Dell shares insights helping organisations navigate the hybrid work future
Dell Technologies has shared insights to help organisations in the Asia Pacific and Japan (APJ) navigate the hybrid work future.
The report, titled Leading the Next Hybrid Workforce, offers insights to complement and build on the findings outlined in the Dell Technologies Remote Work Readiness Index launched early this year.
The report investigates the role organisations play in designing a hybrid work future. It captures actionable insights and recommendations from four experts: Australian RMIT lecturer Dr Julian Waters-Lynch, Japan-based management consultant Rochelle Kopp, NUS lecturer Dr Rashimah Rajah from Singapore, and Mallory Loone, co-founder of Malaysian learning and engagement firm Work Inspires.
"With work today no longer anchored to a single place and moment in time, organisations must focus on outcomes and be ready to help their employees realise both their professional and personal roles effectively regardless of where they work," says Dell senior VP and general manager, Client Solutions Group, Asia Pacific, Japan and Greater China, Jean-Guillaume Pons.
"While 8 in 10 employees across APJ expressed readiness for long-term remote work, there are still several factors that need to be addressed," he says.
"As we move into the future of work, we hope these insights and learnings can help organisations shape a hybrid, ready-for-anything workforce in line with their business needs."
The Dell Leading the Next Hybrid Workforce insight report outlines three key imperatives that organisations should prioritise as they lay the foundations for a successful and sustainable hybrid work arrangement - leadership, structure and culture.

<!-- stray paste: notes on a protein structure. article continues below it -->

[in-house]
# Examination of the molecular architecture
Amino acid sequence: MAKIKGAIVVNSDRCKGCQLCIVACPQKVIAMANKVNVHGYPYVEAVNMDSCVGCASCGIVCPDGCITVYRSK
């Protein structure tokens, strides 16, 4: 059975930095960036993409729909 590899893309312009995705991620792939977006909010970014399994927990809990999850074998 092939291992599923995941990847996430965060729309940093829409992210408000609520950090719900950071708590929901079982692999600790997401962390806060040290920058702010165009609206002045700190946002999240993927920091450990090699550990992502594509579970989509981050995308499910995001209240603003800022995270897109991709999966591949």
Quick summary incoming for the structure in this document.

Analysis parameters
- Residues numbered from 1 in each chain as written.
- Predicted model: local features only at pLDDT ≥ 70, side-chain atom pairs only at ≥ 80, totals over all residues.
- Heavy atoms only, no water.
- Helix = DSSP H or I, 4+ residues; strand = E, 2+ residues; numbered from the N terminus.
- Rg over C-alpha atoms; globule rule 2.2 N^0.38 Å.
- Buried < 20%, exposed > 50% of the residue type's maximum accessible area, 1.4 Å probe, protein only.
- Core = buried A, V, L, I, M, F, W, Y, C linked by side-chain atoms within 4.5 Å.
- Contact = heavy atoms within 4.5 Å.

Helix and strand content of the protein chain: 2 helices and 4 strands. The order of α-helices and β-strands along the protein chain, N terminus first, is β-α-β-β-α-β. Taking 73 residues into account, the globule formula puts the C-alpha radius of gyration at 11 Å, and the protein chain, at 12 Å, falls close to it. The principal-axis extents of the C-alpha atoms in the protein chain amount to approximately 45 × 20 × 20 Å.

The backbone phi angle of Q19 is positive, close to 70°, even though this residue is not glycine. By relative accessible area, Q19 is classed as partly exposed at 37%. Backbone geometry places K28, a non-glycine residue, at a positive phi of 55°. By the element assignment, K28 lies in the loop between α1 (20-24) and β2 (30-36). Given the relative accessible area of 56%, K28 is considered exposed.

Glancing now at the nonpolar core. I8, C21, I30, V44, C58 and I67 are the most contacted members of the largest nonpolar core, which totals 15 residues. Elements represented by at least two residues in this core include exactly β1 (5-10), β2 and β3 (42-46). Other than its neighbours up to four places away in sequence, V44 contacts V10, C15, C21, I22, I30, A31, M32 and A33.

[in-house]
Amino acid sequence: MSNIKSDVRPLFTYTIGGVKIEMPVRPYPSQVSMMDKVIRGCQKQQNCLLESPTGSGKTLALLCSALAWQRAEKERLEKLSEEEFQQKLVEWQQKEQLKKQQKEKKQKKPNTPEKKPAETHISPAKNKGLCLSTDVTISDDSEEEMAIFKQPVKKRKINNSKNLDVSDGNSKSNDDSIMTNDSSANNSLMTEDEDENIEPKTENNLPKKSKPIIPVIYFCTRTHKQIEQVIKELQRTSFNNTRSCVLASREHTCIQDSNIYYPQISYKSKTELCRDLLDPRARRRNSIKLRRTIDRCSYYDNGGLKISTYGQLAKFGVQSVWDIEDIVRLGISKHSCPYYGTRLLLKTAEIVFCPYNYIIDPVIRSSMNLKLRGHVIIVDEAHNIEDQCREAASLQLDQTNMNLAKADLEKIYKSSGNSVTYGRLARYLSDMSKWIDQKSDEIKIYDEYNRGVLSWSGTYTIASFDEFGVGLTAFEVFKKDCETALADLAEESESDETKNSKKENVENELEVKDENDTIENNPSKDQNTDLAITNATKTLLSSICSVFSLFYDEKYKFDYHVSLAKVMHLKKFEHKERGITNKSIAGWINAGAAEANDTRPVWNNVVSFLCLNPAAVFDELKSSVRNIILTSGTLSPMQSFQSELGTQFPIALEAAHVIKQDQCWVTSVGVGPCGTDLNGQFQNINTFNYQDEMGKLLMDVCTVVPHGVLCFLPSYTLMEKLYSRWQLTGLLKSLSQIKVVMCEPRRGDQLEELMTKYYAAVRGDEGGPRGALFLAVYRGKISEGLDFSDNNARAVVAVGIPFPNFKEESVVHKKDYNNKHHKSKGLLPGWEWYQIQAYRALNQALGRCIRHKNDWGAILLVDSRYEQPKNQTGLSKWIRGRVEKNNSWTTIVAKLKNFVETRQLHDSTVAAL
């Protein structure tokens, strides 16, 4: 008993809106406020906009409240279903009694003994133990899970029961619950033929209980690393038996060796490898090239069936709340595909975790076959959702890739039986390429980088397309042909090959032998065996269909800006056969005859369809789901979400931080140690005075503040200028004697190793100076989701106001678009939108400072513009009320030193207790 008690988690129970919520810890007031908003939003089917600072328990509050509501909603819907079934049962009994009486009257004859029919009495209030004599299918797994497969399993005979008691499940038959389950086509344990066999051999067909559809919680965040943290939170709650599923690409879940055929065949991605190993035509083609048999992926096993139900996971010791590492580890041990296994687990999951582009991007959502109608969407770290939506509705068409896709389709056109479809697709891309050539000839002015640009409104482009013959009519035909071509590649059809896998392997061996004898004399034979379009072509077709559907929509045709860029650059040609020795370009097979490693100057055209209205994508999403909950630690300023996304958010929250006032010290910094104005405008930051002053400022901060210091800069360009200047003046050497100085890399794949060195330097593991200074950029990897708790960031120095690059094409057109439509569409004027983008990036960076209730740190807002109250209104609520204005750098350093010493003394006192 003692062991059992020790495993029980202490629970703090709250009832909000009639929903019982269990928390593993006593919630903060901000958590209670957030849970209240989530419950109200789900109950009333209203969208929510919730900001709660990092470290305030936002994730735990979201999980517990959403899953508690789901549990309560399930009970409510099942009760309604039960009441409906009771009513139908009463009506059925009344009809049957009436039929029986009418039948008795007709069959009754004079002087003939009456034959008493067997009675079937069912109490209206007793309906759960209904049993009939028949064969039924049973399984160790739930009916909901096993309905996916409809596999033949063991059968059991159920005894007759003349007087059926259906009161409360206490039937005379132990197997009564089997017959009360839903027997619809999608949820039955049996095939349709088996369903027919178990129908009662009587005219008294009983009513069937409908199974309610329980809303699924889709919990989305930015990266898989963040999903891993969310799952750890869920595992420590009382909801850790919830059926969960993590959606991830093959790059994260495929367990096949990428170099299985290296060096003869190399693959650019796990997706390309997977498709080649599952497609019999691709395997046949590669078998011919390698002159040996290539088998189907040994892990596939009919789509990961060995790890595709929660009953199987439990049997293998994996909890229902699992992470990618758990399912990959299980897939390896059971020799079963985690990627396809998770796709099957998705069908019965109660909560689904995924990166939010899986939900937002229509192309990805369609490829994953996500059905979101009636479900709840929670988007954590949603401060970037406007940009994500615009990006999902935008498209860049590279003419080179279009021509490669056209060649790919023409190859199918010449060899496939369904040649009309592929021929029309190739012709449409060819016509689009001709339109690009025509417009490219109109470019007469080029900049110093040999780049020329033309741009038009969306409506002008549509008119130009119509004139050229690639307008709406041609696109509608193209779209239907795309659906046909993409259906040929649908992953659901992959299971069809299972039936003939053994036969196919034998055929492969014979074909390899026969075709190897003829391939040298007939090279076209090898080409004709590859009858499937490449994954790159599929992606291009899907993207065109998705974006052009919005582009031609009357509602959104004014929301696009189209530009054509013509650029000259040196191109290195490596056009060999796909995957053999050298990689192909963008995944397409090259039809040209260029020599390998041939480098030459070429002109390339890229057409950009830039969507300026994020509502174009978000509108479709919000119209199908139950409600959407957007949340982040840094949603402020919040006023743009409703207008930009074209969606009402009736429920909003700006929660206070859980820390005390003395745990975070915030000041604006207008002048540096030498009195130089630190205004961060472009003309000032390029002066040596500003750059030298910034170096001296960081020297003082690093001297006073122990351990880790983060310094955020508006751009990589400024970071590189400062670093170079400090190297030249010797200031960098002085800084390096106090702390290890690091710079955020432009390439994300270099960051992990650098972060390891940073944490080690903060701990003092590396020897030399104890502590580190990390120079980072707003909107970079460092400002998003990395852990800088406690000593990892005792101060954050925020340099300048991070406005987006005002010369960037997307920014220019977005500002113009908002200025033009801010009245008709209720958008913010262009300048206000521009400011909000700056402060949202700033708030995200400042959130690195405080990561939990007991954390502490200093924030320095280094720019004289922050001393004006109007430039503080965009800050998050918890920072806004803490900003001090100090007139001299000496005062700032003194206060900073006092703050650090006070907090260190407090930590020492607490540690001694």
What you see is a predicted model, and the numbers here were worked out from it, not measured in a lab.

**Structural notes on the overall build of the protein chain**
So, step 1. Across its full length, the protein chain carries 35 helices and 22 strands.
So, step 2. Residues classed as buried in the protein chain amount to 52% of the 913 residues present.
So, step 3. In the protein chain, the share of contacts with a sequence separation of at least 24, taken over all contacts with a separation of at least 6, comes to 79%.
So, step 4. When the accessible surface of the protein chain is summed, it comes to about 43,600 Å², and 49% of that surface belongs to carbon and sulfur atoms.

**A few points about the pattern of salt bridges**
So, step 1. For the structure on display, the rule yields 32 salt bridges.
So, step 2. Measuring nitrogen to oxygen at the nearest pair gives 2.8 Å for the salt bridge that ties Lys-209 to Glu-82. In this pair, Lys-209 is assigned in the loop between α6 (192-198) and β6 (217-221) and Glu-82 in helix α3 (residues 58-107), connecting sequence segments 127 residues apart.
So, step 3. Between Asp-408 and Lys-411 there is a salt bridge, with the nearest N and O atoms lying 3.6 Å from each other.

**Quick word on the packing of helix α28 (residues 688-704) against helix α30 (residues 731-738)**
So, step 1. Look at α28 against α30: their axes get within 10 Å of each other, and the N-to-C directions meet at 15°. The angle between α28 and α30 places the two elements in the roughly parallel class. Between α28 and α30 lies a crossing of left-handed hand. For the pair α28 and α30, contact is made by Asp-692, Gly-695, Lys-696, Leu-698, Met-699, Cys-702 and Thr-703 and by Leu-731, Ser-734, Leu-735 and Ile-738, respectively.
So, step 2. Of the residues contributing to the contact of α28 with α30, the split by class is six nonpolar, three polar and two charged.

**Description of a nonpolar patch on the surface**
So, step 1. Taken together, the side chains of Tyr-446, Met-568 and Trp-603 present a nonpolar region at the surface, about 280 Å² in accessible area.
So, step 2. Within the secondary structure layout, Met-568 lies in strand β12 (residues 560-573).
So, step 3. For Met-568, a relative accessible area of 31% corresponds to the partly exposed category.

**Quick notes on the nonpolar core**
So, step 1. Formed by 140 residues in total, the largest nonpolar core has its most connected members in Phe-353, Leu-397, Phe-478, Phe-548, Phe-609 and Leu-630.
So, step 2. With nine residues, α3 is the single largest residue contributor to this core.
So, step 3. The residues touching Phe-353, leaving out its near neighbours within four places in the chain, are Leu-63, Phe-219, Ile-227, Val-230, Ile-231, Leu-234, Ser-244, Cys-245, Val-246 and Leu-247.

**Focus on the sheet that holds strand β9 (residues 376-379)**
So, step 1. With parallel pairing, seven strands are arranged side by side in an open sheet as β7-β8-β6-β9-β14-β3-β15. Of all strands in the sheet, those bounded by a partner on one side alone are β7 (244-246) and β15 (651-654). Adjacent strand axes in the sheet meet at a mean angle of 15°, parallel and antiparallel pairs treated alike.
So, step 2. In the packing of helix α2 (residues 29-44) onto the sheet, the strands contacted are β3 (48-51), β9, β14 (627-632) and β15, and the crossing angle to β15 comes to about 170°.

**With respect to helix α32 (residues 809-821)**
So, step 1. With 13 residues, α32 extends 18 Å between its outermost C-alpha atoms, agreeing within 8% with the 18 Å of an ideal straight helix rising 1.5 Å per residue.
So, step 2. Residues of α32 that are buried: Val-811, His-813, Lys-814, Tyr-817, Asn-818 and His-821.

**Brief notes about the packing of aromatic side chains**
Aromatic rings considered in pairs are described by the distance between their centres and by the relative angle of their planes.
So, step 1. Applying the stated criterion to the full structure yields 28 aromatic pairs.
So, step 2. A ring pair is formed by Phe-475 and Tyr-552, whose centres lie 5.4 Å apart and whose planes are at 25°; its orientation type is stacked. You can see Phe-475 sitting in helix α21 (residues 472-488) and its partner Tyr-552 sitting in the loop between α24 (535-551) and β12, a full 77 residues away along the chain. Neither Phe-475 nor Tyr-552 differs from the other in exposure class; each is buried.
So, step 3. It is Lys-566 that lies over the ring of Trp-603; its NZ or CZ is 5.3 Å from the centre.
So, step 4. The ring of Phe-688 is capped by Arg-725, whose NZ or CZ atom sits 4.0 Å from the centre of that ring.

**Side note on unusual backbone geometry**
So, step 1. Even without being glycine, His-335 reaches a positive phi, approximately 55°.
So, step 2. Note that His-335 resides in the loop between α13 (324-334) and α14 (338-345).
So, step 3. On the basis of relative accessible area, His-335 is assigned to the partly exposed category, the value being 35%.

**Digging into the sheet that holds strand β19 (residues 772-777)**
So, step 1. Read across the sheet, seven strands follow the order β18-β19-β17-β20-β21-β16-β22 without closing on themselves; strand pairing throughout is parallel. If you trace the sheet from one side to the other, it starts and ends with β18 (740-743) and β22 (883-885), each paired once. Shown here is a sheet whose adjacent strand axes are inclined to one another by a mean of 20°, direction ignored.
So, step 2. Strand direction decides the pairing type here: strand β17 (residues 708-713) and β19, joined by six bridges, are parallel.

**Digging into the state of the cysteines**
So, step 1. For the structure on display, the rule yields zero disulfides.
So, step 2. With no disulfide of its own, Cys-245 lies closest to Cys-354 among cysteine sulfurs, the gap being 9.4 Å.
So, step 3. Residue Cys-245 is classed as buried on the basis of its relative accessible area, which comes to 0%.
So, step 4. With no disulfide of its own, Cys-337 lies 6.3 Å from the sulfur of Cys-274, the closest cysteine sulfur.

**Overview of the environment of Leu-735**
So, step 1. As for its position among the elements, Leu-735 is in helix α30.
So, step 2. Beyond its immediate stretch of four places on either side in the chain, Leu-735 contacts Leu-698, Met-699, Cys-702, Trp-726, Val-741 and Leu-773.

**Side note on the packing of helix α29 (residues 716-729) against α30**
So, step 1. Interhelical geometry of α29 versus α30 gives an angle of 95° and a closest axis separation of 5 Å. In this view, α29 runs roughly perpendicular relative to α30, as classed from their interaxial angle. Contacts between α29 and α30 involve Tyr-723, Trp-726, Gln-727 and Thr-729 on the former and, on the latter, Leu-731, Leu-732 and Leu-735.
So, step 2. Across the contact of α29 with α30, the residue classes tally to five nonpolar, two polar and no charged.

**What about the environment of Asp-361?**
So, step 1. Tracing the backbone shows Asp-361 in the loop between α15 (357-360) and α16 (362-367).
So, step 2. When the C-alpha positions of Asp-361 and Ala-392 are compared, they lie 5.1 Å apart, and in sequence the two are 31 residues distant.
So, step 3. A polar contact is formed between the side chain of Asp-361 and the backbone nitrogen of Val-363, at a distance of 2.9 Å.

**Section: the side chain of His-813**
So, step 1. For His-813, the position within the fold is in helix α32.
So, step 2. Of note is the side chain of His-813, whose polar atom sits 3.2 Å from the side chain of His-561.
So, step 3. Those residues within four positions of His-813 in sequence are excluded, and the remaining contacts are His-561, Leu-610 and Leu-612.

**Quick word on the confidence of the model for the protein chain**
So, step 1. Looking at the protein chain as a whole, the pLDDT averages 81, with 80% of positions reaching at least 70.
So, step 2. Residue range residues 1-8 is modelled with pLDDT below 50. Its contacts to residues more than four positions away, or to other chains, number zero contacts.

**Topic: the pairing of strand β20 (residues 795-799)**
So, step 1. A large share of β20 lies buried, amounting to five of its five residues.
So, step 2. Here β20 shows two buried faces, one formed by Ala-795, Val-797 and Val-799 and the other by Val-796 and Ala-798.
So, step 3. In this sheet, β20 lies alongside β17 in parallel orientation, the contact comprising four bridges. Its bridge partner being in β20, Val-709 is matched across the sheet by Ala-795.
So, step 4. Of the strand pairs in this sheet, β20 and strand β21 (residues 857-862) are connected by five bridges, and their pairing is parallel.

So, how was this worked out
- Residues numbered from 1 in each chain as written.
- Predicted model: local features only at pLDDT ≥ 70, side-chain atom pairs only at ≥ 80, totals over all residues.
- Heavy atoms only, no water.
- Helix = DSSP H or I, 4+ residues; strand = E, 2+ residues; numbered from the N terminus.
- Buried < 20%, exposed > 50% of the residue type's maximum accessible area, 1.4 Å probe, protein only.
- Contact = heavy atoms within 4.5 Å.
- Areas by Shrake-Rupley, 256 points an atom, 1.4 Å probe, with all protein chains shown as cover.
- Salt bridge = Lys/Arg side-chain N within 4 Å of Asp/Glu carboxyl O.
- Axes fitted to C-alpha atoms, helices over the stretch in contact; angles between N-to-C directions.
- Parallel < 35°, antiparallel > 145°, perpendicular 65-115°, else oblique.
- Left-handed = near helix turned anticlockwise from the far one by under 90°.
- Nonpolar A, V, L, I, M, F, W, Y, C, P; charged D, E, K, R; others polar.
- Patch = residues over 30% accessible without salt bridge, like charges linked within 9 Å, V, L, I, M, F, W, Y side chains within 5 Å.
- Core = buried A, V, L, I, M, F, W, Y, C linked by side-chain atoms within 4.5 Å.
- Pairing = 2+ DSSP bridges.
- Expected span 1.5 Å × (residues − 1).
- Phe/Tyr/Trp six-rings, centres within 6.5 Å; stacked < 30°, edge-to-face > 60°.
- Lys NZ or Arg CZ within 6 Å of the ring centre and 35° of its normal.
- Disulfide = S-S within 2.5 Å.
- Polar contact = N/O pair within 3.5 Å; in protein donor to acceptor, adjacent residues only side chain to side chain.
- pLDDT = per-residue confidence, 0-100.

Leading with empathy and intent
All four experts emphasised that leaders play a defining role in assembling the building blocks of a hybrid work future. The report states they must establish fundamental and innovative changes in their organisations to move forward and show empathy and compassion towards the struggles that employees face - such as the lack of in-person communication and blurred boundaries between professional and personal lives.
"Leaders must seek to establish trust with their employees and embrace an outcomes-driven mindset to avoid falling into the trap of micromanagement," the report says.
Creating a thoughtful hybrid work structure
According to the report, organisations today cannot apply a one-size-fits-all model to hybrid work from an operational and technical standpoint. Employers need to learn more about their employees' preferences to help them succeed in a remote work environment.
To co-design an inclusive hybrid workplace, the experts recommend more open communication between employers and employees. They emphasise the need to balance flexible working and regularity - such as dedicated time for team meetings - to preserve culture and social interaction.
Making culture-building deliberate
The report calls for more deliberate efforts towards culture-building and learning and development to preserve and spark creativity, innovation and collaboration. It cautions against the risk of split cultures between home-based employees and those in the office, leading to tension in office dynamics and perceived imbalances between the two groups.
One suggested solution is for employers to redirect budget saved from daily office expenses and re-invest in dedicated and regular activities for social engagement among employees. Such as team lunches or interactive training sessions. This could help create more opportunities for an organic exchange of ideas, says the report, and the chance to foster trust and stronger working relationships between team members.